Sam Smith’s Love Goes Offers Perspective from a Tear-Soaked Dancefloor: Review

The British balladeer falls back on emotional pop crescendos to reveal a different outlook

Sam Smith new album Love Goes new song Diamonds stream music video



The Lowdown: In 2014, London-born Sam Smith broke big into US pop with two singles: “Latch”, a compellingly histrionic soul-EDM track with Disclosure; and “Stay with Me”, a choir- and piano-backed, naked plea for momentary companionship. These hits reflect Smith’s twin signatures as a performer: the spectacular power of their distinctive voice and the effortlessness with which they plumb vulnerability. On their third full-length album, Love Goes, Smith delivers more of these familiar, emotional-pop crescendos designed to soundtrack sentimental feelings on and off the dancefloor. However, in the midst of personal transformations, this collection of tracks reflects a shifted perspective: The singer doesn’t cry out for their love to return, but instead watches, with a kind of acceptance, as it goes.

Note: Love Goes spans 11 new(-ish) songs — plus six previously released singles. These “bonus tracks” include hits “How Do You Sleep?” and “Dancing with a Stranger” featuring Normani — and these polished earworms are two of the best songs here. But for this review, I’ll spotlight the first 11 tracks (all co-written by Smith), presented together as a full album idea.

The Good: The primary sonic influences on Love Goes appear to be equal parts Robyn and Adele. On the first half of the album, Smith stays firmly in the “dance and cry” zone and to strong effect. With its cold strings and anxious club synths, “Dance (Till You Love Someone Else)” sounds like a lost track from Robyn’s 2018 Honey. “Diamonds”, the first official single from this album, is a standout — the most fun and least sorrowful. Instead, the Shellback collab features a disco-laced bassline and tells off a gold-digging ex, but the twist is how, amid his triumphant-yet-resigned kiss-off, Smith never loses sight that they’re on the losing end.

Smith has always been a convincing purveyor of wrecked romance, and they can call up cathedral-swelling catharsis with ease. On Love Goes, they stick to that subject matter — see the appealing melodrama of “For the Lover That I Lost” — but they turn the light of their torch songs onto their own patterns in and out of love. In this minor shift, Smith manages to complicate downtempo moments like “Forgive Myself”, which otherwise might have been merely the maudlin manipulations of a Lewis Capaldi type.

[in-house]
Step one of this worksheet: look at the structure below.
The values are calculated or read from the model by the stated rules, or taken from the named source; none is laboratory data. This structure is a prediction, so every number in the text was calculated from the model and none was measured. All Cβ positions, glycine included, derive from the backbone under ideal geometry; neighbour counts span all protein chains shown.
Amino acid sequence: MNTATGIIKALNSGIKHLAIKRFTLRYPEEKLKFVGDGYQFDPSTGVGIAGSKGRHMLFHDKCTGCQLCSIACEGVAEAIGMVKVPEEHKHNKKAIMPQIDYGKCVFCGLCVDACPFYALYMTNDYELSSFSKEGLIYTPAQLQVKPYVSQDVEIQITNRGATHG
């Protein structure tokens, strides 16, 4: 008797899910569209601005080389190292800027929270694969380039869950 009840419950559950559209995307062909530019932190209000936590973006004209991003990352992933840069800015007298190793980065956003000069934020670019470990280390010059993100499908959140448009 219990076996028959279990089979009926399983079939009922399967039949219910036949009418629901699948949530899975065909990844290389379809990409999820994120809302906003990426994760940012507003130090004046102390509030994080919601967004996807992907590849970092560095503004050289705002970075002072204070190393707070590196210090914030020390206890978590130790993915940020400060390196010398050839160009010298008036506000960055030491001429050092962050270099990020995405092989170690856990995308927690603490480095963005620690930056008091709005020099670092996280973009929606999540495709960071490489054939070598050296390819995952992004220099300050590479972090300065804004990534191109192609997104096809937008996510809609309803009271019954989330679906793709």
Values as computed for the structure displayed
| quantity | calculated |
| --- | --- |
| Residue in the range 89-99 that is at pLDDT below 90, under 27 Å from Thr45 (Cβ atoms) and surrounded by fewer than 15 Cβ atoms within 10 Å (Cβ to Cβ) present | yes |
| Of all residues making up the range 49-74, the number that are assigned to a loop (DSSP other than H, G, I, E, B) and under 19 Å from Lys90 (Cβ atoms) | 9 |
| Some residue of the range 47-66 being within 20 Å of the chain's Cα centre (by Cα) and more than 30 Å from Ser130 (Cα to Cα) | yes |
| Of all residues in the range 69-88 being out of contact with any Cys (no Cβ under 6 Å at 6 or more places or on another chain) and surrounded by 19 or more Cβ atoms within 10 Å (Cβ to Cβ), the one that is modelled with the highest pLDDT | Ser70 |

The Bad: The best songs on Love Goes are probably among the previously released “bonus tracks,” which are tacked on to the end of the album. That placement gives the project a disjointed flow, and it makes the listener wonder whether Smith is not more suited to releasing singles? If your sole subject is mourning love lost (emotion turned up to 11), is it inevitable that a full-length album will become a slog?

Smith has spoken of this album as a “reckoning”, a reflection of major personal transformation of the last two years: Smith became more open about their gender expression, publicly changed their pronouns, and experienced what they called their first “real heartbreak.” The emotion is there, as ever, but the production sound doesn’t pull equal weight in distinguishing Smith’s work from other mainstream pop artists. For a musician whose breakthrough, “Stay with Me”, ultimately had to share co-writing credits with Tom Petty for mimicking a 1989 hit, many of these tracks still sound familiar to Top-40 listeners: “Young” recalls a Billie Eilish run; the celebratory horns-and-beat-drop of “Love Goes” references the latest iteration of Panic at the Disco. This listener would be interested to see what Smith’s voice would do if working with more inventive production or challenging sounds.

The Verdict: One definition of a pop star is a chameleon, possessor of a kind of charisma that reinvents itself steps ahead of dominant trends, ready to deliver for changeable audiences (see: Rihanna, Lady Gaga, or even Ariana Grande). Then there are pop stars who apply their core essence to songs — and the trappings of production or lyrics are mostly scaffolding. Sam Smith seems to be the latter: Give them the most upbeat of anthems, and their soulful, elegiac voice will inevitably reveal its dolorous heart. No matter the transformations or trends, they can’t help but be themselves.

Essential Tracks: “Diamonds”, “Dancing with a Stranger”, and “How Do You Sleep?”

Pick up a copy of Loves Goes here

Love Goes Artwork

Love Goes by Sam Smith album artwork cover art